Mary BartlettMary Bartlett came to Dartington in 1963 as a horticultural student. After her training she became responsible for the glasshouses, nursery and walled garden.

She is the author of several books, including the monograph Gentians, and Inky Rags, a review of which can be found on the Dartington website. She is now the tutor for bookbinding in the Crafted @ Dartington department. More blogs from Mary

I felt rather pleased last month when the Dartington staff asked if they could use my Unicorn Island book as the back story for a children’s treasure hunt trail to inaugurate the new play area at the Hall.

My interest in unicorns is no secret in this part of the world.

It’s quite an obsession – I can’t deny it. Unicorn Island, which I wrote in 1995 and which the poet Adrian Mitchell and I adapted for the stage, encapsulates most of the symptoms. Everything about the unicorn and its value to the world as a metaphor for its suffering creatures is in that book, and in the pictures Richard Merrills painted for me.

'Composte' unicorn painting by Richard Merrills, as seen in Unicorn Island. Click to enlarge
‘Composite’ unicorn painting by Richard Merrills, as seen in Unicorn Island. Click to enlarge


Unicorns are misunderstood, and the downside for admirers like me who strain their sinews trying to hold people to the science of the unicorn myth is that we are often misunderstood too.

A Modern Alphabet for Unicorns, 2001, illustrated over a two year period by Norman Young, documented the unicorn’s observations on our human journey. The collaboration with Gillian Hoyte Byrom who made the first unicorn for me in 1995, had the sense to record the ideas.

A Modern Alphabet for Unicorns: An interview with Mary Bartlett. (c) Gillian Hoyte Byrom

Science and myth may strike you as odd words to couple together, but there are glaring examples of what I mean when the two split apart. Even in historic houses where the unicorn has a spiritual home the souvenir trade will very likely depict the creature as a horse with a horn and use imagery with no connection to country of origin. Buy the t-shirt or the cute cuddly toy and you will take home a travesty of a thousand years of history.

Does it matter? The better story is that throughout the medieval period and before it, as people moved back and forth between Europe and the Holy land, inflicting numberless atrocities on the way, they would have encountered herds of Dorcas Gazelle, even in the desert, and would have seen those spiralised gazelle horns shimmering.

Just as today we see the images of cultural destruction, the wholesale slaughter of these beautiful animals in Libya is incomprehensible.

In other words, whatever the unicorn is or isn’t, it is a bovid or conceivably a cervid – certainly not a horned horse. One taxonomical reading sheds light on history, the other doesn’t. (My hunch is that the confusion arose when the fashion for the body armour extended to attaching a metal point to the metal chamfrom that protected a horse’s head.)

For a brilliant introduction to Bovids of the World consult Jose R. Castello’s Princeton Field Guide.

That’s where the science joins the myth. Taxonomy is human-made key to evolution. It organises our understanding of the natural world.

So, as Dartington adopted Unicorn Island-and all those misunderstandings –  it was rewarding to find myself mentioned in The Oldie – in a gardening piece by the RHS medallist David Wheeler. He quotes from my 40-year-old monograph on Gentians, which by now, taxonomically speaking, is sadly out of date, partly because science moves on, partly because plant breeders can’t be stopped and hybrids proliferate. They are a driven species. Clivia ‘Mary Bartlett’ now resides with the RHS at Rosemoor. My friend John Morris dedicated years raising them from South African seed.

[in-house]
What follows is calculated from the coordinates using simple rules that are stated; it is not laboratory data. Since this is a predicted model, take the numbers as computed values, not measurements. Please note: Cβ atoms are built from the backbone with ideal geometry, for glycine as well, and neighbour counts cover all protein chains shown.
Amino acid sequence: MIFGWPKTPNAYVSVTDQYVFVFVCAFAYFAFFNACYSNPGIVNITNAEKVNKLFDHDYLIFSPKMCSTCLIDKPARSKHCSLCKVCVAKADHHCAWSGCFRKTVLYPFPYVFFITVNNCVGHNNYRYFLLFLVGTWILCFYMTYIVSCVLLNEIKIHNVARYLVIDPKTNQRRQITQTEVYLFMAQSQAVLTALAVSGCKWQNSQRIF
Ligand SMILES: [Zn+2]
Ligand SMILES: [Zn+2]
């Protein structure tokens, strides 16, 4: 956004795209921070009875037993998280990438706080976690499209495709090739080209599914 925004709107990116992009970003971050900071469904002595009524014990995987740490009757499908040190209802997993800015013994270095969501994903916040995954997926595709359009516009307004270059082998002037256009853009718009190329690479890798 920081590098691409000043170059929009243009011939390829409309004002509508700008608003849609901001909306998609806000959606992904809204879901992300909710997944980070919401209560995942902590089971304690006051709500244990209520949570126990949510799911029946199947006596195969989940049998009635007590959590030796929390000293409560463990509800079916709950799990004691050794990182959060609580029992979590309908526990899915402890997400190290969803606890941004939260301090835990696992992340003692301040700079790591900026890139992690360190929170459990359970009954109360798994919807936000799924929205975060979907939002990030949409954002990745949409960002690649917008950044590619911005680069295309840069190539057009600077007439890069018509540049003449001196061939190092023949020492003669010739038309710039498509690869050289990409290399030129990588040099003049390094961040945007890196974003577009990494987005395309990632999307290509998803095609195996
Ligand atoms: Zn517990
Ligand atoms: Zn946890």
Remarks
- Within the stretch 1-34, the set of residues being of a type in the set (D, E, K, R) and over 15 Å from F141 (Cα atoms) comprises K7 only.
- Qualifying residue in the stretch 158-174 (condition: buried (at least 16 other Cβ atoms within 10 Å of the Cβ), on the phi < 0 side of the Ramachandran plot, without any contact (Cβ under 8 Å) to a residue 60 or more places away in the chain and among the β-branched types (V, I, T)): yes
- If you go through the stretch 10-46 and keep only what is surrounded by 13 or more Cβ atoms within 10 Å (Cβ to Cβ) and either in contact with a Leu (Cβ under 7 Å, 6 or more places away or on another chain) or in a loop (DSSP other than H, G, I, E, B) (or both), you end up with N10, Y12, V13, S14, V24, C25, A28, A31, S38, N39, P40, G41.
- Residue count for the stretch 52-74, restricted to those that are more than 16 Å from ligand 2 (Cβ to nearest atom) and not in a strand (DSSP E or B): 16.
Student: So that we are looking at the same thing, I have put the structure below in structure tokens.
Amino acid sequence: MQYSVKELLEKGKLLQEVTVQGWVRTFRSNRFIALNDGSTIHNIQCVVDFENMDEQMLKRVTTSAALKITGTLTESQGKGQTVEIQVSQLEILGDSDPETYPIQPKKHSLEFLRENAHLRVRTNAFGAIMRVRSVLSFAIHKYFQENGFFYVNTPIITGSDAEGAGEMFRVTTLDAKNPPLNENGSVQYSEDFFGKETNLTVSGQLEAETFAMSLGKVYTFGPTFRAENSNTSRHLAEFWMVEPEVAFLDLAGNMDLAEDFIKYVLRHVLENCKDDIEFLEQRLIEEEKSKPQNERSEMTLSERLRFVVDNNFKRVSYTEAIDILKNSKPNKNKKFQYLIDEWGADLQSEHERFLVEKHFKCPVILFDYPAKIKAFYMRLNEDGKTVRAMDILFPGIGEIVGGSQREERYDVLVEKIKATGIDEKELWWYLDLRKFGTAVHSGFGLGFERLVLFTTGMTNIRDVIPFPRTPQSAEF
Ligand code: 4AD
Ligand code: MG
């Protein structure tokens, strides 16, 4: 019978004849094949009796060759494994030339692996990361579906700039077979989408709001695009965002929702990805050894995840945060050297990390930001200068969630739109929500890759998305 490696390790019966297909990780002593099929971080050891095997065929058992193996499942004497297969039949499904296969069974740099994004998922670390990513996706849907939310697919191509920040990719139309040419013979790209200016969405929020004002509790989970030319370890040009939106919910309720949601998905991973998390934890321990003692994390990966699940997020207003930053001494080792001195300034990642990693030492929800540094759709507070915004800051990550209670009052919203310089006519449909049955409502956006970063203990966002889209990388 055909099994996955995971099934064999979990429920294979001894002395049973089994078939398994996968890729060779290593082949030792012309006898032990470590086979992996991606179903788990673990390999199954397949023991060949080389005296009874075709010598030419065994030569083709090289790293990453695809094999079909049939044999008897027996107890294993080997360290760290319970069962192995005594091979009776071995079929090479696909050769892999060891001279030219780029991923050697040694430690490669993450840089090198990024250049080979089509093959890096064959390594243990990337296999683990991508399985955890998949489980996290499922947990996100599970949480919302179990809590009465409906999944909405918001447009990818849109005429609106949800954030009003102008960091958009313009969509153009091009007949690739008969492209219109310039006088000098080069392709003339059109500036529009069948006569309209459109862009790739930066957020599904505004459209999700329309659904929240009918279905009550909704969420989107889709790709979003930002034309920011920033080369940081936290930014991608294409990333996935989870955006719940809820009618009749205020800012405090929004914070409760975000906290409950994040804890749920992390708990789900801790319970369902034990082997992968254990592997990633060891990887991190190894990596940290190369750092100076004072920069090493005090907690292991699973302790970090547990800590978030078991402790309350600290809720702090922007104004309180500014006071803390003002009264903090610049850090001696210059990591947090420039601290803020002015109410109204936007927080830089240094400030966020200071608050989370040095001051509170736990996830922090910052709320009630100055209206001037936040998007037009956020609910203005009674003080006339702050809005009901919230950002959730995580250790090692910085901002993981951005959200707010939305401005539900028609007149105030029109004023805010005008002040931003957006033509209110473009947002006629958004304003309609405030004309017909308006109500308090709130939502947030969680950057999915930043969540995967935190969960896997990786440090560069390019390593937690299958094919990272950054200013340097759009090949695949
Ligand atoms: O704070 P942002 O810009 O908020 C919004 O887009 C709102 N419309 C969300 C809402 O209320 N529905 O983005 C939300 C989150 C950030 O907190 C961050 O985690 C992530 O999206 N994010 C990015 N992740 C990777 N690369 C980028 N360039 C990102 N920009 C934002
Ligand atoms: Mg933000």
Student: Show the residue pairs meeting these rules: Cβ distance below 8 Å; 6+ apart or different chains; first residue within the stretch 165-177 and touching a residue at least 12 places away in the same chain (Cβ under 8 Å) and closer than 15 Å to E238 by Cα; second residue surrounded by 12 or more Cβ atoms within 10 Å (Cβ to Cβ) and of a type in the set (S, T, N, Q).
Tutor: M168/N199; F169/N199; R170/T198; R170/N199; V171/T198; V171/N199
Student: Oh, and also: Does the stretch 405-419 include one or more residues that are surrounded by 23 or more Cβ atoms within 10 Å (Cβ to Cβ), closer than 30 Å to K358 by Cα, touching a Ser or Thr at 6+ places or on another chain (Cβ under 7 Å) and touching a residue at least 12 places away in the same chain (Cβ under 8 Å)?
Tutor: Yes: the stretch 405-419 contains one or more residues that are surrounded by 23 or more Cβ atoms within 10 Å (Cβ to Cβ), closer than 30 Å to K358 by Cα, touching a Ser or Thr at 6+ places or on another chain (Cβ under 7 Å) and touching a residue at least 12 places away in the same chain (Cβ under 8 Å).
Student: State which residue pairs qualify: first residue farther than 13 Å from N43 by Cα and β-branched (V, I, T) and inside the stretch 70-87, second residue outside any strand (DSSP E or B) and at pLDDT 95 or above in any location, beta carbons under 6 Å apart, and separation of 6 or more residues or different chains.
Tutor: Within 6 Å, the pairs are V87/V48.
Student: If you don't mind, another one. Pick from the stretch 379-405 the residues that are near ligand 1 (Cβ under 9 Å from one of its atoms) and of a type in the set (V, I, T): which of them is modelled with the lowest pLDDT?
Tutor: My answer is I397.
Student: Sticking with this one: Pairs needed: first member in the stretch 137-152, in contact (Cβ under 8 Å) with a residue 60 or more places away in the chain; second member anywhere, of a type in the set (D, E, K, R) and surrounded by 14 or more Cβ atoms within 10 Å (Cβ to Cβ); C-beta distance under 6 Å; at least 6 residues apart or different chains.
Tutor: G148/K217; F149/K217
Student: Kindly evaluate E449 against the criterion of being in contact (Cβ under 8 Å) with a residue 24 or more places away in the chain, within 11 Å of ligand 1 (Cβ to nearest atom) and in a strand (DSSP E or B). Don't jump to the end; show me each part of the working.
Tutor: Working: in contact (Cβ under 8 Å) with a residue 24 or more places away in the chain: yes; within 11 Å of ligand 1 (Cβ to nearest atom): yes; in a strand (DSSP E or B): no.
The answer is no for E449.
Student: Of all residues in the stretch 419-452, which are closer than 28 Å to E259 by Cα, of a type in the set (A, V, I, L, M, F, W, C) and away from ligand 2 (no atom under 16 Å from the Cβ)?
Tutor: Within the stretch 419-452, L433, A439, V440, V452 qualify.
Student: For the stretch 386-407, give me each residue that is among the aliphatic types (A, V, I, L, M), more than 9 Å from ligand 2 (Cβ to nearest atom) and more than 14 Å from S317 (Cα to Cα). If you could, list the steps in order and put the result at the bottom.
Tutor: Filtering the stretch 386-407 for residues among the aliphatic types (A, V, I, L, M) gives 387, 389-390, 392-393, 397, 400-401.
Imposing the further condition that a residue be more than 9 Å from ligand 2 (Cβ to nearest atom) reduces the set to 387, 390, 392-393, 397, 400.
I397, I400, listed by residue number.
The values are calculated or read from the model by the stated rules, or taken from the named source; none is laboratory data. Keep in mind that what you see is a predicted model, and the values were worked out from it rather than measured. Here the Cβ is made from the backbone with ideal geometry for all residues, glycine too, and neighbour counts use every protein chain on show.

Clivia ‘Mary Bartlett’
Clivia ‘Mary Bartlett’. (c) John Morris


One of the wonderful rewards of my work on gentians was a lasting friendship with the Reverend Norman Crutwell, who dedicated as much of his life as his Christian mission allowed to botanising in Papua New Guinea, from where he wrote to me about the species he discovered and described.

Another lasting pleasure has been the quest for authentic taxonomy. James Pringle of Hamilton Botanic Gardens, Ontario, guided my work on gentians and he still helps me today. Now it’s email; in those days it was all letter post, and I still have the archive of our handwritten correspondence, looking more antique by the year.

Postage stamps! –they’re another of my taxonomical enthusiasms. My set of Papua stamps that show Norman’s painting of some of the plants he collected including Rhododendron crutwelli, couldn’t be closer to my heart.

Mary's Papua stamps
Mary’s Papua stamps


I used Gentiana crutwelli in one of the wood engravings for one of my limited edition books. A more recent book, Travels with Percival, includes an American species, admittedly a little further north than it would normally occur.

Travels with Percival, illustration
Travels with Percival, illustration. (c) Mary Bartlett


What are the connections? The film, The Embrace of the Serpent can offer a clue. It follows the quest for a particular plant from the Amazon. As I watched the black and white images I thought of Norman and his gentleness and considered the environmental impact done by non-indigenous cultures across the globe.

Unicorn Island attempted to convey the wider environmental threat by mapping species depletion to the unicorn’s body.

For my attempt to capture a few connections between Dartington, the white hart and the unicorn of the love chase, we compiled The Unicorn in the Garden.

The unicorn is an illuminating presence in the forest of history.

Horse it isn’t.




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